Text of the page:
M3gan review: A Black Mirror-esque take on the classic murder puppet
There is a proud cinematic tradition of haunted doll movies. You can trace the lineage back from Annabelle (first appearing in The Conjuring in 2013), through to Chucky (Child’s Play, 1988), all the way back to Hugo the ventriloquist’s dummy from 1945 horror anthology Dead of Night.
Glossy new sci-fi horror M3gan picks up the mantle and adds a harddrive full of Black Mirror-esque techno-dread. The titular robot is plucked straight from the Uncanny Valley, its rubbery silicone face realistic enough to trigger an instinctual sense of revulsion.
M3gan is a secret project by young engineering wizard Gemma, an employee of a company that makes lewd, pooping Furby-adjacent toys. In the opening scenes Gemma gets a dressing down from her obnoxious boss David for her continued work on her uncanny monstrosity when she should be designing a bargain-basement version of the PurrPetual Petz line. In true Frankenstein fashion, she decides to take her work back underground.
Fortuitously, Gemma’s sister is involved in a horrible car crash en route to a ski trip, leaving her in charge of her orphaned niece. What better babysitter for a career-oriented gal than an AI robot?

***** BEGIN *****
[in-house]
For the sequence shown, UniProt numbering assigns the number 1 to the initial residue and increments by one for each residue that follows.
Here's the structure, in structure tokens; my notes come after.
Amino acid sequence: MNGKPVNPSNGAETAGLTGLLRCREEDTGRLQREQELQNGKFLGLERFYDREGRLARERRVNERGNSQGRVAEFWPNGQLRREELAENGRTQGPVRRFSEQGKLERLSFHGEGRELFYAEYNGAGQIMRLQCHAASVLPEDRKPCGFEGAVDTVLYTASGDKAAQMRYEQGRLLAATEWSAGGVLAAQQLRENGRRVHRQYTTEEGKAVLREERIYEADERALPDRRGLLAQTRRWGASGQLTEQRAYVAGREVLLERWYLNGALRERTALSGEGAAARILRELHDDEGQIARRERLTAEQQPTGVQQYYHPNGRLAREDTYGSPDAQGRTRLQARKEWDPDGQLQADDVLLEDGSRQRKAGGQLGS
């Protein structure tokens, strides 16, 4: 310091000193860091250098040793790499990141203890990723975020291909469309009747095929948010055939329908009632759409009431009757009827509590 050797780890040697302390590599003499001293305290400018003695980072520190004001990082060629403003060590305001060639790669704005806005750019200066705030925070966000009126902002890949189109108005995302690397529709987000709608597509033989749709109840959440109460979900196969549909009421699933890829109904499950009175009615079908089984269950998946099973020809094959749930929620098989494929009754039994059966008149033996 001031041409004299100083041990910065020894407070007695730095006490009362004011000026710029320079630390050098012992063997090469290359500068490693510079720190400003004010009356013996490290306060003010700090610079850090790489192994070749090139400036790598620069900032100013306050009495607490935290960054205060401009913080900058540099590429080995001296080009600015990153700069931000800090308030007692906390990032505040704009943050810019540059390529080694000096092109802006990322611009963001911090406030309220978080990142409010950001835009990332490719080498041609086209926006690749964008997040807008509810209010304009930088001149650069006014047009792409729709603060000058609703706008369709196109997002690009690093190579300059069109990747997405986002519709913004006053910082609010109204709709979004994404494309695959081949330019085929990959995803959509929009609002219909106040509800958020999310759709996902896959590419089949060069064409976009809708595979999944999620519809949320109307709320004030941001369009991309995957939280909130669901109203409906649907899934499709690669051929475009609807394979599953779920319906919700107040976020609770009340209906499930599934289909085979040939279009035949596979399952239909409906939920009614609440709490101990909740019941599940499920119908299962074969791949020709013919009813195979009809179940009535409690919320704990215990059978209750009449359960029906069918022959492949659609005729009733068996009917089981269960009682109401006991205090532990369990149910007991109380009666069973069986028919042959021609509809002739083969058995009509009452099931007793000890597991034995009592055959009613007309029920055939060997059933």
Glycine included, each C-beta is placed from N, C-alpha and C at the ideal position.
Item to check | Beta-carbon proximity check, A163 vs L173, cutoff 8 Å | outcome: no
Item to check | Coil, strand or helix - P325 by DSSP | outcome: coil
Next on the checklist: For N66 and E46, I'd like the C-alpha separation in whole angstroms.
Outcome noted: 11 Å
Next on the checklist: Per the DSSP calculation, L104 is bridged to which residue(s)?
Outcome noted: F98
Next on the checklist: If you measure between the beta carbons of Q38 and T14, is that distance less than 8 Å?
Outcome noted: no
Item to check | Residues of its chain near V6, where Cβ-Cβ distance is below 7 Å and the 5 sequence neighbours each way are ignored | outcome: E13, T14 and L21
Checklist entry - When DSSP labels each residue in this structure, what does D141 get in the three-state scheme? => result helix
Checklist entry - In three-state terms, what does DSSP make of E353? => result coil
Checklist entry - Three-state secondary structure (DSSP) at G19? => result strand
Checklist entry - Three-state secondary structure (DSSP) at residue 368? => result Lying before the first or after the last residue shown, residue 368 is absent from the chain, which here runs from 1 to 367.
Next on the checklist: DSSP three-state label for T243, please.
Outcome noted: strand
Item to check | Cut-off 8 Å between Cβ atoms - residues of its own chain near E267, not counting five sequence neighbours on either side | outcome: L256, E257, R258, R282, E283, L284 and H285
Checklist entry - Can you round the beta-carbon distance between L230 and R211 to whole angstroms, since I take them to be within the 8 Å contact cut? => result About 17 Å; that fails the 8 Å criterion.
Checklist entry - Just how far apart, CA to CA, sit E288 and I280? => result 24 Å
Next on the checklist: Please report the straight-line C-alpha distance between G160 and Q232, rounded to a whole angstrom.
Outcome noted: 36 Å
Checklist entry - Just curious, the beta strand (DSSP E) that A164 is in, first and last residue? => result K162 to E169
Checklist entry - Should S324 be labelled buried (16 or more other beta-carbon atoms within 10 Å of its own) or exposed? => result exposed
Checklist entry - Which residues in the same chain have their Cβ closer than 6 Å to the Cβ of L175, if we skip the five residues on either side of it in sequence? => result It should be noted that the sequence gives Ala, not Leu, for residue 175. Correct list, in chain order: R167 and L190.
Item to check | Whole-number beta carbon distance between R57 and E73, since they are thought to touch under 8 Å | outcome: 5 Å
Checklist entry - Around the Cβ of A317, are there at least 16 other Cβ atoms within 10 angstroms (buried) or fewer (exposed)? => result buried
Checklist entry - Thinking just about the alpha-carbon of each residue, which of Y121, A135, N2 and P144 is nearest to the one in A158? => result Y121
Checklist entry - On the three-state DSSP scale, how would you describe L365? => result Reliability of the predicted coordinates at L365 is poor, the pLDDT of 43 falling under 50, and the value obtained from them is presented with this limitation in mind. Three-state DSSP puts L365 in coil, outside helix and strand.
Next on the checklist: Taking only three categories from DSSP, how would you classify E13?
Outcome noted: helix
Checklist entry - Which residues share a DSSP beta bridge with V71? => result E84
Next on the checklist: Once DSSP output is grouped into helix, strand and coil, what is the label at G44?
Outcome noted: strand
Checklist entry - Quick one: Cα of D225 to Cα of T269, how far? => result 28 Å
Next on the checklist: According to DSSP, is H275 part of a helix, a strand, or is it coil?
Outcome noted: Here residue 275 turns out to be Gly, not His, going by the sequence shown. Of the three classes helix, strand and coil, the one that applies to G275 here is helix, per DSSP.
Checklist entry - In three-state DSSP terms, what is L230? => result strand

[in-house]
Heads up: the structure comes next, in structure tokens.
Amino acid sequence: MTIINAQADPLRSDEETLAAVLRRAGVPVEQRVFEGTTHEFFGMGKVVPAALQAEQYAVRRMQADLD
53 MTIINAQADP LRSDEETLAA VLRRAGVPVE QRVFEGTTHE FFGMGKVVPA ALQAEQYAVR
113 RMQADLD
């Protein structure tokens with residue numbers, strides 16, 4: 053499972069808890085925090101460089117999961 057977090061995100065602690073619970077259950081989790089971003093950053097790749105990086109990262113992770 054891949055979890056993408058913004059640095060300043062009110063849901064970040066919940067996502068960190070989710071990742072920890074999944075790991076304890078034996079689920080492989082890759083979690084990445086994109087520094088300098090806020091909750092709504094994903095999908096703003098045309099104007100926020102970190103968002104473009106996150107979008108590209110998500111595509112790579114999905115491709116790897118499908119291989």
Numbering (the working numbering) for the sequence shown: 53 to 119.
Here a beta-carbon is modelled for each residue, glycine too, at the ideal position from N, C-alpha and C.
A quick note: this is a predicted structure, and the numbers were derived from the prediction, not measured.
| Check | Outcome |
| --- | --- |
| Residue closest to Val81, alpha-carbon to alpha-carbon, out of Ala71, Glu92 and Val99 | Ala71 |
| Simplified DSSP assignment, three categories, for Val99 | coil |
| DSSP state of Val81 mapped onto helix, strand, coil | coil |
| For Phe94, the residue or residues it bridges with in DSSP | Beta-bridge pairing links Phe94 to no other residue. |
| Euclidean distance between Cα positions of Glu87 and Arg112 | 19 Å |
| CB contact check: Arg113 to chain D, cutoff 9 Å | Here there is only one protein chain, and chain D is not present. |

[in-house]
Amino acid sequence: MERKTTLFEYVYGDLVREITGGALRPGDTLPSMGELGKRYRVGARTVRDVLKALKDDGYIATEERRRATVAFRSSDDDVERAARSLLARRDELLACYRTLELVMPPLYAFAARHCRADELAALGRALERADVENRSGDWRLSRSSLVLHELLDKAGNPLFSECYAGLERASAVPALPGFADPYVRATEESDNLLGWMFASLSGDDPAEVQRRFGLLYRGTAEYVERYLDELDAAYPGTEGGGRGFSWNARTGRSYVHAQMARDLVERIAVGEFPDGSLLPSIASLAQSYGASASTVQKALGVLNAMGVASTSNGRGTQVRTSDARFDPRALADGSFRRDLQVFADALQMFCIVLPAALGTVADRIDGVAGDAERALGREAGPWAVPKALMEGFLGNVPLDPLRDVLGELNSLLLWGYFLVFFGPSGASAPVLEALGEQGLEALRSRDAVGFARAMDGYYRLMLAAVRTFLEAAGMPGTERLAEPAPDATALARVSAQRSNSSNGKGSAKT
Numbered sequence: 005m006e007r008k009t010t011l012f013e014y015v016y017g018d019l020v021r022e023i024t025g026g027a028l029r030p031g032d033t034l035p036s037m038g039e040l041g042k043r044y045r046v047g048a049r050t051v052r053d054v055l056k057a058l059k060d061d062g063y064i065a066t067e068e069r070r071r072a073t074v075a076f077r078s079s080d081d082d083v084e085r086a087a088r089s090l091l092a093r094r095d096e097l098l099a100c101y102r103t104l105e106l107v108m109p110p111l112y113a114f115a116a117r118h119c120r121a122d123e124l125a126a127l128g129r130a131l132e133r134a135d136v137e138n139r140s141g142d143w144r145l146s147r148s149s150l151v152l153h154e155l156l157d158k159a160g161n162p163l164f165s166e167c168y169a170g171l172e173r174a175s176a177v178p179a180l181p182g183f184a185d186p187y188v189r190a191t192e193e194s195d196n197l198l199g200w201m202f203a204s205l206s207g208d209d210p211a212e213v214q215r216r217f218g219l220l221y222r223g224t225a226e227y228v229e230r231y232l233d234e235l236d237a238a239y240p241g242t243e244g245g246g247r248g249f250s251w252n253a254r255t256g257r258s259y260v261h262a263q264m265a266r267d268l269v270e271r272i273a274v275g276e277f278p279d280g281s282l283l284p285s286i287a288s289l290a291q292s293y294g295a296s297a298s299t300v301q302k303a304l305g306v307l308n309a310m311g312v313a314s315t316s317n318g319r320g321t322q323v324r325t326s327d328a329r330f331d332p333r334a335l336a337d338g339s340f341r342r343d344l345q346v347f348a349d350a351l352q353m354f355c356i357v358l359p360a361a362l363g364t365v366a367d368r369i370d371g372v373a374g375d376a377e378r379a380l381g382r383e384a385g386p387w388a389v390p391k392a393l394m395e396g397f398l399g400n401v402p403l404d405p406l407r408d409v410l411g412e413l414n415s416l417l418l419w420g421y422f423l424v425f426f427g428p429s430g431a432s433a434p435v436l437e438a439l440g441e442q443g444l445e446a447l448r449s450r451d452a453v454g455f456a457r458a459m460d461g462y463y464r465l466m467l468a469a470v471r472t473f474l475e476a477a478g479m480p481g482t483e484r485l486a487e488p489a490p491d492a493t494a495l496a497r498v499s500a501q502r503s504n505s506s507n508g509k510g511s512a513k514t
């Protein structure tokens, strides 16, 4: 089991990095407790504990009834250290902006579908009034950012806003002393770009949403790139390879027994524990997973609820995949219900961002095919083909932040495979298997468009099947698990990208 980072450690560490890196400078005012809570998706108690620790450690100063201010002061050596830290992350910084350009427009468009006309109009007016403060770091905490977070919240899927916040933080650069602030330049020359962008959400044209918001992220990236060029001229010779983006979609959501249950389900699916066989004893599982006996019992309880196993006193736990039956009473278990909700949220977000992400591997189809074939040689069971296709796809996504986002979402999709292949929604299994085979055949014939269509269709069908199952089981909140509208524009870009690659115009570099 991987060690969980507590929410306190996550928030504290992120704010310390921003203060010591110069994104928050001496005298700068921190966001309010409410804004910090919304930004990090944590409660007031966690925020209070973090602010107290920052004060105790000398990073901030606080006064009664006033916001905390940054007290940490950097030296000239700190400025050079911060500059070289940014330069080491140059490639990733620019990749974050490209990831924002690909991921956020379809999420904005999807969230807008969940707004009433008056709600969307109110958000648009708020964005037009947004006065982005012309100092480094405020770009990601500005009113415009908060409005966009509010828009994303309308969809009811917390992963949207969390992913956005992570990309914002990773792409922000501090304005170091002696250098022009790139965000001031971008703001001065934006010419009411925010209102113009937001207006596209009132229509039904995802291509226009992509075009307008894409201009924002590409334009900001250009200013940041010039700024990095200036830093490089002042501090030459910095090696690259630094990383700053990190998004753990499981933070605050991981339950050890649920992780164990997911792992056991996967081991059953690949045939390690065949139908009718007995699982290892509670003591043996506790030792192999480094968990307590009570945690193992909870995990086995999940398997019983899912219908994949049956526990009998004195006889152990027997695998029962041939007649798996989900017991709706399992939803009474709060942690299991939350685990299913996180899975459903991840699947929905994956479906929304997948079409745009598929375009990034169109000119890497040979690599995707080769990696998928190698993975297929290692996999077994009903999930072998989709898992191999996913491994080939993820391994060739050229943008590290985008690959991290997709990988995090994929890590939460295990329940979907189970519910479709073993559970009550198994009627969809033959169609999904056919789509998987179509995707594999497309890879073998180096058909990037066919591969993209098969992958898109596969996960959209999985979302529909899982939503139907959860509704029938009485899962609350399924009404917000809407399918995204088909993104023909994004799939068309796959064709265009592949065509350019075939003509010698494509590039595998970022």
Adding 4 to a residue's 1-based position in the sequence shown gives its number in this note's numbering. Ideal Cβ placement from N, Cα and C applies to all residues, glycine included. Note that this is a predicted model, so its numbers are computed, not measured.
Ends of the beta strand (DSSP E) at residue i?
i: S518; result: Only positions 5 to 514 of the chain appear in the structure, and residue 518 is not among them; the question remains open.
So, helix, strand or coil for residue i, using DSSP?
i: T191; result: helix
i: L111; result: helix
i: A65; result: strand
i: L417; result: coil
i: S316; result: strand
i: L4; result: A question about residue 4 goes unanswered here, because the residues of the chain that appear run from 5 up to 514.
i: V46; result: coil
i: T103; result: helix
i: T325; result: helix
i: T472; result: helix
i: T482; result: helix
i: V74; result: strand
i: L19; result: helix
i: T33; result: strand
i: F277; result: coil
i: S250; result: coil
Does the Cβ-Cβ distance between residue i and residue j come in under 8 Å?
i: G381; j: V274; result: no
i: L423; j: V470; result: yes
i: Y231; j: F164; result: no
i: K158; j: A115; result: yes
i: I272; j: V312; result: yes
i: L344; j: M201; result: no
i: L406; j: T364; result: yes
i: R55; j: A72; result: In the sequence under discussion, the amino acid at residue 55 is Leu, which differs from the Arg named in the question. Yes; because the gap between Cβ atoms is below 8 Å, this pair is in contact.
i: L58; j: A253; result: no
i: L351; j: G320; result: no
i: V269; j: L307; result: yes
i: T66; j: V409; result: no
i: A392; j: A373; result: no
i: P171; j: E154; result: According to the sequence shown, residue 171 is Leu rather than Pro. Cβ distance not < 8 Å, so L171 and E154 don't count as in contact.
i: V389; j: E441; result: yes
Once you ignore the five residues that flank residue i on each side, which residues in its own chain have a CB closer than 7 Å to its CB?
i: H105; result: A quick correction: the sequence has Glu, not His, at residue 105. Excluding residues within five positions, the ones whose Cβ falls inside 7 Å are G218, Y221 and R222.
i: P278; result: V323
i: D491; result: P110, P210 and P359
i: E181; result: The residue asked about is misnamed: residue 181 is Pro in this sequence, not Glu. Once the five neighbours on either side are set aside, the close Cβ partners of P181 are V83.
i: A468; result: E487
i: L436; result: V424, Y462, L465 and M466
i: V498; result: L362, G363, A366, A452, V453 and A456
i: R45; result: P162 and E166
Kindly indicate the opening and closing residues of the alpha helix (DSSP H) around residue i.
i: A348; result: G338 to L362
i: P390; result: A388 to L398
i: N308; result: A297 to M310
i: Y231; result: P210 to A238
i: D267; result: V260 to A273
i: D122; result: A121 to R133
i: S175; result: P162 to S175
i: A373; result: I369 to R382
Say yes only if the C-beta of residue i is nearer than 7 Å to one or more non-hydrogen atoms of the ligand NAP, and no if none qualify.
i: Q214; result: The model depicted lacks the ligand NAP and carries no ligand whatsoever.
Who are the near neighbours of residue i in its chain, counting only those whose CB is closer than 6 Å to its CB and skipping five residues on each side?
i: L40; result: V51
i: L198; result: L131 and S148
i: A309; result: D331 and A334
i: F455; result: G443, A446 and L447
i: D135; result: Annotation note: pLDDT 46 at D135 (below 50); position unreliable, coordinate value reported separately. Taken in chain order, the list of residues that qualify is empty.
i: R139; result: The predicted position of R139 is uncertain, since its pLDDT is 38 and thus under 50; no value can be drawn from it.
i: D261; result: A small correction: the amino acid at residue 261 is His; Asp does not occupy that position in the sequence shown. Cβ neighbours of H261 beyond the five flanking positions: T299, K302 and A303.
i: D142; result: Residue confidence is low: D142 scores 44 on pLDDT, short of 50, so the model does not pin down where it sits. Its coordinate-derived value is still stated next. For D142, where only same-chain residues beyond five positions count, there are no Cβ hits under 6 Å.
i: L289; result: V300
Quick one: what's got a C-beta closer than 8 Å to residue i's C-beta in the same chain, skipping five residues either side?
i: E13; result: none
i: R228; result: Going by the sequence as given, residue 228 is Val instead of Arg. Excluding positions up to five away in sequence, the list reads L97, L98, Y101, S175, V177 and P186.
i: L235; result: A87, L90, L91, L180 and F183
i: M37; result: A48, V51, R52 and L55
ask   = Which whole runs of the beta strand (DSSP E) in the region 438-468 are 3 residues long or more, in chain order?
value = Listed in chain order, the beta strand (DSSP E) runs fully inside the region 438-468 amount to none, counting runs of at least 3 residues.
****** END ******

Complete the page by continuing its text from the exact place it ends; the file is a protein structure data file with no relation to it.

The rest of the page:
Young Cady forms an immediate and intense bond with M3gan, the robot able to anticipate her every need, even reminding her to flush the toilet and wash her hands without getting on her wick. Alas Gemma appears not to have read the work of Isaac Asimov before programming M3gan and the robot soon starts offing anything deemed a threat to Cady, be that a neighbour’s dog or an obnoxious child.
Like Microsoft’s infamous AI chatbot that became racist after a few days on Twitter, M3gan learns from the people around her and soon becomes a hideous reflection of humanity, picking up spite and violence just as easily as she learned compassion and empathy.
The film works because M3gan herself is so brilliantly realised through a combination of animatronics and CGI. Her movements are so very, very close to human and yet alien enough to be consistently disturbing. As she blossoms into a fully-fledged murder-bot she even performs a creepy little dance routine, which has since become a Tik Tok sensation and incredibly effective promotional tool.
One of the film’s key concerns is the dangers of palming off parenting to computers – while M3gan is the antagonist here, the real danger is screen time (or should that be scream time?).
There are some lingering questions: why is M3gan so hard to shut down? Why would the world’s foremost expert in AI and robotics be working for the equivalent of Hasbro? Why, when designing a children’s toy, would you make it so strong?
Like the recent revival of The Invisible Man, M3gan brings a fresh lick of paint to an age-old story – the result being a smart, propulsive horror movie that feels both timeless and brand new.